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California Legislature

Smoking pot or tobacco at California beaches could soon be illegal under bills headed to Gov. Brown

Hundreds of people seek relief from the hot weather recently in Santa Monica. (Genaro Molina / Los Angeles Times)
Hundreds of people seek relief from the hot weather recently in Santa Monica. (Genaro Molina / Los Angeles Times)

California parks and beaches would be off-limits to those smoking tobacco or marijuana, or using electronic cigarettes, under legislation sent to Gov. Jerry Brown by state lawmakers Wednesday.

The Legislature approved similar bills by Assemblyman Marc Levine (D-San Rafael) and Sen. Steve Glazer (D-Orinda) that would apply the ban to 300 miles of state beaches and areas of 280 state parks that have not been designated by park officials for smoking.

“Californians and the millions of tourists that travel here should be able to visit parks and beaches without stepping around cigarette butts or inhaling secondhand smoke," Levine said.

Secondhand smoke is a health risk, and discarded cigarette butts contain chemicals that can harm animals that eat them, the lawmakers said. Some health groups support the measures, although the American Cancer Society dropped its support over an amendment.

“This bill would reduce the serious health hazards posed by smoking — to people and wildlife — in our state parks and beaches,” Glazer said. "It would reduce fire hazards and litter and the costs for those now borne by the public.”

A similar bill was vetoed last year by Brown, who said a complete prohibition was too broad.

“A more measured — and less punitive — approach might be warranted," Brown wrote.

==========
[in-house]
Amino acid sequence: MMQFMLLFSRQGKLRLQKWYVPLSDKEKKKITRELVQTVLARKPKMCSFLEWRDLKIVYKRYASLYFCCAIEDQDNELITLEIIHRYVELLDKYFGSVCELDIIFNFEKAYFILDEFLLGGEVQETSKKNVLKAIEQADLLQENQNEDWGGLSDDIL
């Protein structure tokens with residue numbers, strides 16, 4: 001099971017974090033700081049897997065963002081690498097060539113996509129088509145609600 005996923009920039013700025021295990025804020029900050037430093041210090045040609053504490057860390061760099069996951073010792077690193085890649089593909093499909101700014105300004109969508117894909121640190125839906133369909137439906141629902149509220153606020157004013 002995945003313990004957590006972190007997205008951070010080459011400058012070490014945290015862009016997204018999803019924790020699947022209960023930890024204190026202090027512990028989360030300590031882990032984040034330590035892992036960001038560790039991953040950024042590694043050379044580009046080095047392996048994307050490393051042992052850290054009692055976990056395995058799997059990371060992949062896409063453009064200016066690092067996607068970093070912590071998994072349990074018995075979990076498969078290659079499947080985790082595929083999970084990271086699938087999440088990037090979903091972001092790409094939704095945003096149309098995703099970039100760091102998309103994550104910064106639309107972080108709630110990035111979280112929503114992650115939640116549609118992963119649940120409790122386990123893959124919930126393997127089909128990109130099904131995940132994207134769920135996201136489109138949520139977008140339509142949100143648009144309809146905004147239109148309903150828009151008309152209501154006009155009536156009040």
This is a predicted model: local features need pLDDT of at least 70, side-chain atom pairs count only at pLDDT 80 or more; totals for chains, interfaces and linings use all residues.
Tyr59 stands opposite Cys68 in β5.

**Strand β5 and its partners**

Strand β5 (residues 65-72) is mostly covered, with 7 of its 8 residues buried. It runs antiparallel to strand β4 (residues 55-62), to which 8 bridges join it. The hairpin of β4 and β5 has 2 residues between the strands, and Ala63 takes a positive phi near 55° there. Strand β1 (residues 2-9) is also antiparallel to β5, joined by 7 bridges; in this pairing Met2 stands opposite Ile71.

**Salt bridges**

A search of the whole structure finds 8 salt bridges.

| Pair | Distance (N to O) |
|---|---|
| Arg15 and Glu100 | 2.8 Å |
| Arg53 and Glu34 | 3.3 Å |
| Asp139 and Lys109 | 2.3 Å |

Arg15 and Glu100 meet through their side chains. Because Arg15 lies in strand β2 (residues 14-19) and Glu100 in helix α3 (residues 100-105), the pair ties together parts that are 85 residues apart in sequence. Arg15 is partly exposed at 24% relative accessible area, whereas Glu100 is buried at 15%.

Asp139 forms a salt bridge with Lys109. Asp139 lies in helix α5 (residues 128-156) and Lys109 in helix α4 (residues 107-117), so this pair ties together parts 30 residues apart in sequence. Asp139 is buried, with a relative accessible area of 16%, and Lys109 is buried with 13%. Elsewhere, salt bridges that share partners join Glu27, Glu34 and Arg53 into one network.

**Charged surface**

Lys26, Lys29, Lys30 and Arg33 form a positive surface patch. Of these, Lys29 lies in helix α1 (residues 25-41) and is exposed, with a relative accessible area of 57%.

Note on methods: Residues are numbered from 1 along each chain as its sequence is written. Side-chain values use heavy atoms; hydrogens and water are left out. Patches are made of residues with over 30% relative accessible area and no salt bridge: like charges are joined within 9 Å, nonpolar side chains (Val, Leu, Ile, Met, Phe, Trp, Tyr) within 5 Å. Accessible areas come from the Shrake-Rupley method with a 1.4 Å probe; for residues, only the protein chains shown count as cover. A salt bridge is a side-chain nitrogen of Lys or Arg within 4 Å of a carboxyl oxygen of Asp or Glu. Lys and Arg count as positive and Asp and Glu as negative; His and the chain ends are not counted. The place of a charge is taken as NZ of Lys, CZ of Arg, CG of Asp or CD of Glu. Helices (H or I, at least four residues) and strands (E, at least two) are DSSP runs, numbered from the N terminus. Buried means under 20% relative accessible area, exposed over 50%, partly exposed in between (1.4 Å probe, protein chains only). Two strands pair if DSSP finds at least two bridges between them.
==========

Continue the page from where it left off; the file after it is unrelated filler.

In response, Glazer reduced the fine proposed for violating the ban from $250 to $100, while Levine's bill would put the penalty at $50.

The ban would not be enforced at parks where signs notifying the public aren't posted, and parks officials would have power to designate some areas of parks for smoking.

Current law already prohibits smoking within 25 feet of a playground, as well as in public buildings.

The bills exempt use of cigarettes or smoking devices as props in film or television production, and use of tobacco for ceremonial purposes by a federally recognized Native American tribe.

The bills would cost up to $1.1 million for signage, state officials estimate.

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UPDATES:

4:37 p.m.: This article was updated to reflect passage of Glazer's bill.

This article was originally published at 4:25 p.m.

11:45 am on 9/15: This article was updated to reflect that the American Cancer Society dropped support for the bill after it was amended.

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